After UConn, Rod tried out for the National Basketball Association. He went to a camp for the Washington Bullets but on the final day of camp he was released before the first regular season game. Rod went overseas to play basketball and has been there ever since. He’s had a great career in Europe playing for teams in Greece, Spain, Turkey, Italy and France over the years, and in every year but one his team has been in the playoffs.

Rod is known in Europe as “Mr. Double Double,” twelve years after leaving UConn and he still averages 17 - 18 points per game and 10 - 11 rebounds per game. Rod plans to continue playing for a few more years then come back to the states and take some time to watch his brother coach and watch some UConn games in person. Rod has also already been offered jobs of scouting and being an agent and he’d also like to do some coaching at the high school level.

During his off season, Rod lives in Atlanta, Georgia. He has a fiancée, Johnita, and a daughter, Dylann Anise, who is two years old and already loves basketball to death so she’s on the right track to maybe some day play at UConn.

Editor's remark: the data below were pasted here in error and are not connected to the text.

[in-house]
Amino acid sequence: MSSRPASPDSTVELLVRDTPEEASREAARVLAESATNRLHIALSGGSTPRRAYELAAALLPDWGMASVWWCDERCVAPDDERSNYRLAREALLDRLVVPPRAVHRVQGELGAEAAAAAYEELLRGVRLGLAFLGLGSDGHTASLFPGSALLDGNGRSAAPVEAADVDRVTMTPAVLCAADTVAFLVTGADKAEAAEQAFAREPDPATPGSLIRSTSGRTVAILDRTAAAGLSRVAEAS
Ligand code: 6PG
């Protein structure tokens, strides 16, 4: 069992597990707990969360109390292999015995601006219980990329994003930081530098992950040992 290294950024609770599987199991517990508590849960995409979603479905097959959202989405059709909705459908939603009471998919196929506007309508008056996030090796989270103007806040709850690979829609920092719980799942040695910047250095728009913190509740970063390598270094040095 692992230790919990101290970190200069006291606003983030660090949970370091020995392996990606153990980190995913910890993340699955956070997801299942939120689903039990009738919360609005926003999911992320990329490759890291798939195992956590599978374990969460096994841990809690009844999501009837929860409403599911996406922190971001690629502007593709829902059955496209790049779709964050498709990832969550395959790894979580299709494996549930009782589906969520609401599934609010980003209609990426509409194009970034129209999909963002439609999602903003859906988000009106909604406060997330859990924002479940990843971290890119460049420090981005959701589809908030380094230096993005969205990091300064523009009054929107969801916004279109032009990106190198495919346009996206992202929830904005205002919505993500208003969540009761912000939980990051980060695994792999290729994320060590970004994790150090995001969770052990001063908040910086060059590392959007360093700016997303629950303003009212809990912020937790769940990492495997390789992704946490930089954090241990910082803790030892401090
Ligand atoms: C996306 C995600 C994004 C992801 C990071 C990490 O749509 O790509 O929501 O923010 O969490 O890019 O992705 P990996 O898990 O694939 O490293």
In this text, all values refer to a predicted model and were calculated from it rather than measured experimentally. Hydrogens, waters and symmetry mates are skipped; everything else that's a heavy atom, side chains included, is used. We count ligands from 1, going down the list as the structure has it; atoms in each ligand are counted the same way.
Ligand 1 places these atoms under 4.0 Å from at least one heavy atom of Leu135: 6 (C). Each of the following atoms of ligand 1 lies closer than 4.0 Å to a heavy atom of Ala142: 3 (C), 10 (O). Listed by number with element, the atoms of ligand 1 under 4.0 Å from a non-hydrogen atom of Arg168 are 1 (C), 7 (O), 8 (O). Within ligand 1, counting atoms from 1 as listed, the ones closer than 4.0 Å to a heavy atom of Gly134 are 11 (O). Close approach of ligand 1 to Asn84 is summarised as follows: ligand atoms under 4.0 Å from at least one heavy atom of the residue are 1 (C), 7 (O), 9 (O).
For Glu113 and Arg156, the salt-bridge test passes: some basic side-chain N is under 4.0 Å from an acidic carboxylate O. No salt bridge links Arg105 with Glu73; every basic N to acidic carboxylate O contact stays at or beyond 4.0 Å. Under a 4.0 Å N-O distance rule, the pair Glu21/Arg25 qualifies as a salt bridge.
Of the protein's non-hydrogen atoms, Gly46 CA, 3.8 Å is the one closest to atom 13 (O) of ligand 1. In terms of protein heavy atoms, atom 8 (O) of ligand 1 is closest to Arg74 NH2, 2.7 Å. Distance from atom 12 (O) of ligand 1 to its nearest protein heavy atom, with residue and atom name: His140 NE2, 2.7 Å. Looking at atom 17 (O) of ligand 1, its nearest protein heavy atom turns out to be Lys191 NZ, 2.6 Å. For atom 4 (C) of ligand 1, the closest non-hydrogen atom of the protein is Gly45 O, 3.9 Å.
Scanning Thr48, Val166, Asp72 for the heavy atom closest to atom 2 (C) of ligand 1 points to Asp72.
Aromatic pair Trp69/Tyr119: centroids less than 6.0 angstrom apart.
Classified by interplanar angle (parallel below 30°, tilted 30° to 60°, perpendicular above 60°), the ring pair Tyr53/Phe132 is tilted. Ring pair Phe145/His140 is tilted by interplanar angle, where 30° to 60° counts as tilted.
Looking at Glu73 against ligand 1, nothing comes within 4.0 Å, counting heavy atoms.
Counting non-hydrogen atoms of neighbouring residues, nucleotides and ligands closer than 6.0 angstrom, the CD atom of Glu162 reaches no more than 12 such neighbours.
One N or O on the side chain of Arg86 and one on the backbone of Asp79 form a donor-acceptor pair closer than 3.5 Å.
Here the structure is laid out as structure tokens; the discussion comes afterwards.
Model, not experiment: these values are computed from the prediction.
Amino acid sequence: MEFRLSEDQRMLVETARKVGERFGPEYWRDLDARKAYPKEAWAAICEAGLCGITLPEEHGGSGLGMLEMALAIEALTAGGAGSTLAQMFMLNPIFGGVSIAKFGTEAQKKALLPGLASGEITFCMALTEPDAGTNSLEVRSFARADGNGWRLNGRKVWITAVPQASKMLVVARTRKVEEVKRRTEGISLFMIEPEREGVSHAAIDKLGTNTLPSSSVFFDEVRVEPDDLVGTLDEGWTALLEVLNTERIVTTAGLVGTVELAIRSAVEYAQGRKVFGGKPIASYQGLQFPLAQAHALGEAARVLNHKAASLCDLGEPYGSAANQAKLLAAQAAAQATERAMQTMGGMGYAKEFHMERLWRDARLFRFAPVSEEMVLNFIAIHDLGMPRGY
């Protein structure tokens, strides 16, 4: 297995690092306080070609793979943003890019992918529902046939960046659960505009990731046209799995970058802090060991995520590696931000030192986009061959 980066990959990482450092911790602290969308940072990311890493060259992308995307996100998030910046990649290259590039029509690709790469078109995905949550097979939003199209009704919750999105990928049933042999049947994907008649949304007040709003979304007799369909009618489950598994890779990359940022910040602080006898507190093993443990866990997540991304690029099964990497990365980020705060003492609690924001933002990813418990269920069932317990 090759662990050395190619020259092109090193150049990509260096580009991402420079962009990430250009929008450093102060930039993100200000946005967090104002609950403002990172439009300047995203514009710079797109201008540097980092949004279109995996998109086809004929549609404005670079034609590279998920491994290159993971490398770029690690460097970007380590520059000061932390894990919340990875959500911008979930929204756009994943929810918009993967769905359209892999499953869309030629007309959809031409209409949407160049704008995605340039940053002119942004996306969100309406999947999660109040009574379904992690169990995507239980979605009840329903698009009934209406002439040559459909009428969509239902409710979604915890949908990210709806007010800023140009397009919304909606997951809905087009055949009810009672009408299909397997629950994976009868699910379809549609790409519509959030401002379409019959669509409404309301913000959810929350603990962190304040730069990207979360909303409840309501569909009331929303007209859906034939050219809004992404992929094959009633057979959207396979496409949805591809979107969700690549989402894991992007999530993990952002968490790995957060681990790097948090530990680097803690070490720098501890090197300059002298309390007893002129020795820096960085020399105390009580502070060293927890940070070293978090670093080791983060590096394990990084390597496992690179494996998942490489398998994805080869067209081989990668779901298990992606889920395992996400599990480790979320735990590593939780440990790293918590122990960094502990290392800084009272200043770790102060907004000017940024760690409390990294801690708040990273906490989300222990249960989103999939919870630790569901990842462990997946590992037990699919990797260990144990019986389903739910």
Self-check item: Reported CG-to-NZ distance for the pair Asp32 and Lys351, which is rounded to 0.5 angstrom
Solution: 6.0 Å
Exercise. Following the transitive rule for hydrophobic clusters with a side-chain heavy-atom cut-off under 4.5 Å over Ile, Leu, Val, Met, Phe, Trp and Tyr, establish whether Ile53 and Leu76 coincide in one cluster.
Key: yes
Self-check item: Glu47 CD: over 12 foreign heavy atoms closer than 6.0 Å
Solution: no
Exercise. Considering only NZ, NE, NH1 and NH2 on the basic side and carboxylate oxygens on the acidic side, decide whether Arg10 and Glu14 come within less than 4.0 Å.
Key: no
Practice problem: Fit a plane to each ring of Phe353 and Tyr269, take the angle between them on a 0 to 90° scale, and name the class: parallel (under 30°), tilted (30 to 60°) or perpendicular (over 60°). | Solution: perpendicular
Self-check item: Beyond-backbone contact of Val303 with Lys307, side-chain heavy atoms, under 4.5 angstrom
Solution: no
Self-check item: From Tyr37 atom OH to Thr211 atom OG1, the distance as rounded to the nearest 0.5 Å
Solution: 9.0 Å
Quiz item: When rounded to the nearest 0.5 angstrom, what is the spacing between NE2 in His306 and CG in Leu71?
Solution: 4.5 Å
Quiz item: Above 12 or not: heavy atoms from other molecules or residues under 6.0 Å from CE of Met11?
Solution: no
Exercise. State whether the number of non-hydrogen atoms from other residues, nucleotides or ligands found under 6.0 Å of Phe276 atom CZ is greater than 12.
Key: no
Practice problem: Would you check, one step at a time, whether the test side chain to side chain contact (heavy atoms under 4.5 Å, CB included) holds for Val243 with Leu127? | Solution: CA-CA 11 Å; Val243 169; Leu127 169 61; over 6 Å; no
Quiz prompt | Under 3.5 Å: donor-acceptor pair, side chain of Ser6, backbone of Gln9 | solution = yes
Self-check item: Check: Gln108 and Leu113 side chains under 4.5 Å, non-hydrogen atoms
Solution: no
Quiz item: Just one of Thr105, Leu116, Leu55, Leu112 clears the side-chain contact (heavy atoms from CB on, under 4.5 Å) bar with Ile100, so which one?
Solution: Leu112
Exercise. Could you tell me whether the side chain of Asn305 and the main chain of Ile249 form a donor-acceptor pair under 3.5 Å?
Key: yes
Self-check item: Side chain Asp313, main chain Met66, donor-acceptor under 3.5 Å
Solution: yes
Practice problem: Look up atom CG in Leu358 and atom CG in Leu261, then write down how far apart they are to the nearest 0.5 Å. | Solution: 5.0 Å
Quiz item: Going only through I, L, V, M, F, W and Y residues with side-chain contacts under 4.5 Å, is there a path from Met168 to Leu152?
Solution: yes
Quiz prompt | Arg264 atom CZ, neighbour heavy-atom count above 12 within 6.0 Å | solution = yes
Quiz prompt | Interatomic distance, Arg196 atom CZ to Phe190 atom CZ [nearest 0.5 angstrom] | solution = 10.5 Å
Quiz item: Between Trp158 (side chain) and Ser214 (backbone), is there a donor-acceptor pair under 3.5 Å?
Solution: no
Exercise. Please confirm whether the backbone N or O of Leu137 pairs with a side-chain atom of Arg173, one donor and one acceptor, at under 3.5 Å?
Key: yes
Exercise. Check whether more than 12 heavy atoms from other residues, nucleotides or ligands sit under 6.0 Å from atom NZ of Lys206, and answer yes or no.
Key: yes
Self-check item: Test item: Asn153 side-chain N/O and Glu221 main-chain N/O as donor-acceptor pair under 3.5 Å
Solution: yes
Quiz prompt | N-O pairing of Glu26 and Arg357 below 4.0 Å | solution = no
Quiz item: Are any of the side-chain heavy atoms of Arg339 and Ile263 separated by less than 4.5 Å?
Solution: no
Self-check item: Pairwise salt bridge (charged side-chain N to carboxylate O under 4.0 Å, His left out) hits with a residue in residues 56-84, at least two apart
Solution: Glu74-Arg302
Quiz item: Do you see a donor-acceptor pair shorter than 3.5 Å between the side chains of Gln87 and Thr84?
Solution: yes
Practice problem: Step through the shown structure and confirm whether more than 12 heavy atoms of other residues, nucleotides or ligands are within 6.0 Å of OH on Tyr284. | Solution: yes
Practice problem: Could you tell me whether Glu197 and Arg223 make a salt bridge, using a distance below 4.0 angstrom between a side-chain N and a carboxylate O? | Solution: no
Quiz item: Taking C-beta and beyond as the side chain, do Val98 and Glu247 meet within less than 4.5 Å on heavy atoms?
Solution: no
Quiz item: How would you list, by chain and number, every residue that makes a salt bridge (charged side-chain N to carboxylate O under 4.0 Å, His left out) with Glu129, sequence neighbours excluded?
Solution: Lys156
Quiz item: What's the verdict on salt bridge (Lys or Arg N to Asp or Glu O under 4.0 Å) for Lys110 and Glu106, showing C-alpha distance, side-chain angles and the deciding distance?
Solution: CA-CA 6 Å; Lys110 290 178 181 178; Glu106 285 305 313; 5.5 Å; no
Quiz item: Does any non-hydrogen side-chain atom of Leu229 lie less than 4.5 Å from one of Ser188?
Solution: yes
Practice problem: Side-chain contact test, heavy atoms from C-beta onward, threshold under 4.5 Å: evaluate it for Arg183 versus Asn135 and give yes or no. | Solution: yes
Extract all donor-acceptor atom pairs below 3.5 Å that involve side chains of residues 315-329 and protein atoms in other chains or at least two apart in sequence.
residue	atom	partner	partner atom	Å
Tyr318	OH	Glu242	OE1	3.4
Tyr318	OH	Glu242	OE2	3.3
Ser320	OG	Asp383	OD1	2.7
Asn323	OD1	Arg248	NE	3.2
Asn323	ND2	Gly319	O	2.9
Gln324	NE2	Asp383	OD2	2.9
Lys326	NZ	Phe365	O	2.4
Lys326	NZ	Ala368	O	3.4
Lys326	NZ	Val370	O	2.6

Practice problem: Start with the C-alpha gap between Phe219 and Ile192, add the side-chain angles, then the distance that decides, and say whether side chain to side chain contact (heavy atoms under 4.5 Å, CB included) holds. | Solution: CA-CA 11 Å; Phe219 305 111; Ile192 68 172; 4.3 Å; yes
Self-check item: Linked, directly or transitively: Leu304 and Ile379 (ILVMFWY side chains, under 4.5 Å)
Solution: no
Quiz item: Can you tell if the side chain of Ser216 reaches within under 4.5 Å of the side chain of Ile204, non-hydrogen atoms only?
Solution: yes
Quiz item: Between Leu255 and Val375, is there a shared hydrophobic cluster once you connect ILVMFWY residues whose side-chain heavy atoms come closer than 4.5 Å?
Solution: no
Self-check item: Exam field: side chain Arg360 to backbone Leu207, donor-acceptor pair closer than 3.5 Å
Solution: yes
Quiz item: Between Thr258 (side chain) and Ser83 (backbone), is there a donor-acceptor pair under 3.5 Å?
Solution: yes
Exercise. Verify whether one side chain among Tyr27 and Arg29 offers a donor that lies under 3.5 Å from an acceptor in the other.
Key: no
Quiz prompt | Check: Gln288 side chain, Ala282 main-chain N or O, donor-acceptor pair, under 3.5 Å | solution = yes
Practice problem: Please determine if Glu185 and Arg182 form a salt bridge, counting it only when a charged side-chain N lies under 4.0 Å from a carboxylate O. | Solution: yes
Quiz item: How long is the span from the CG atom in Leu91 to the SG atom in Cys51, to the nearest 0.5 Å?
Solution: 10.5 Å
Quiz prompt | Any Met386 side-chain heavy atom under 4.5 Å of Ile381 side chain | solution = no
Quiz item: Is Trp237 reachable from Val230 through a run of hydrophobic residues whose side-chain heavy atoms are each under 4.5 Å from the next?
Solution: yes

When asked about his thoughts on how the UConn team has changed over the years, Rod said that his first couple of years at UConn the team was made up of blue collar players. They worked hard and achieved great success. Now UConn can recruit blue chip players, the top players in the nation. “The teams that I played with at UConn, we take pride in that we say we helped to build, we helped to put them at the prominent level they are at now.”

Rod believes that Coach Calhoun has definitely gotten easier over the years. He said that Coach Calhoun is a great coach, a great person, a great guy but he demanded and expected the best and most out of you every day that you stepped foot on the court.

Rod wasn’t able to be at the Final Four when UConn won the National Championship because his team in Europe was playing and if UConn makes it to the Final Four this year he won’t be able to make it either for the same reason. He thinks that Coach Calhoun will have the team prepared and ready for the Final Four and another National Championship.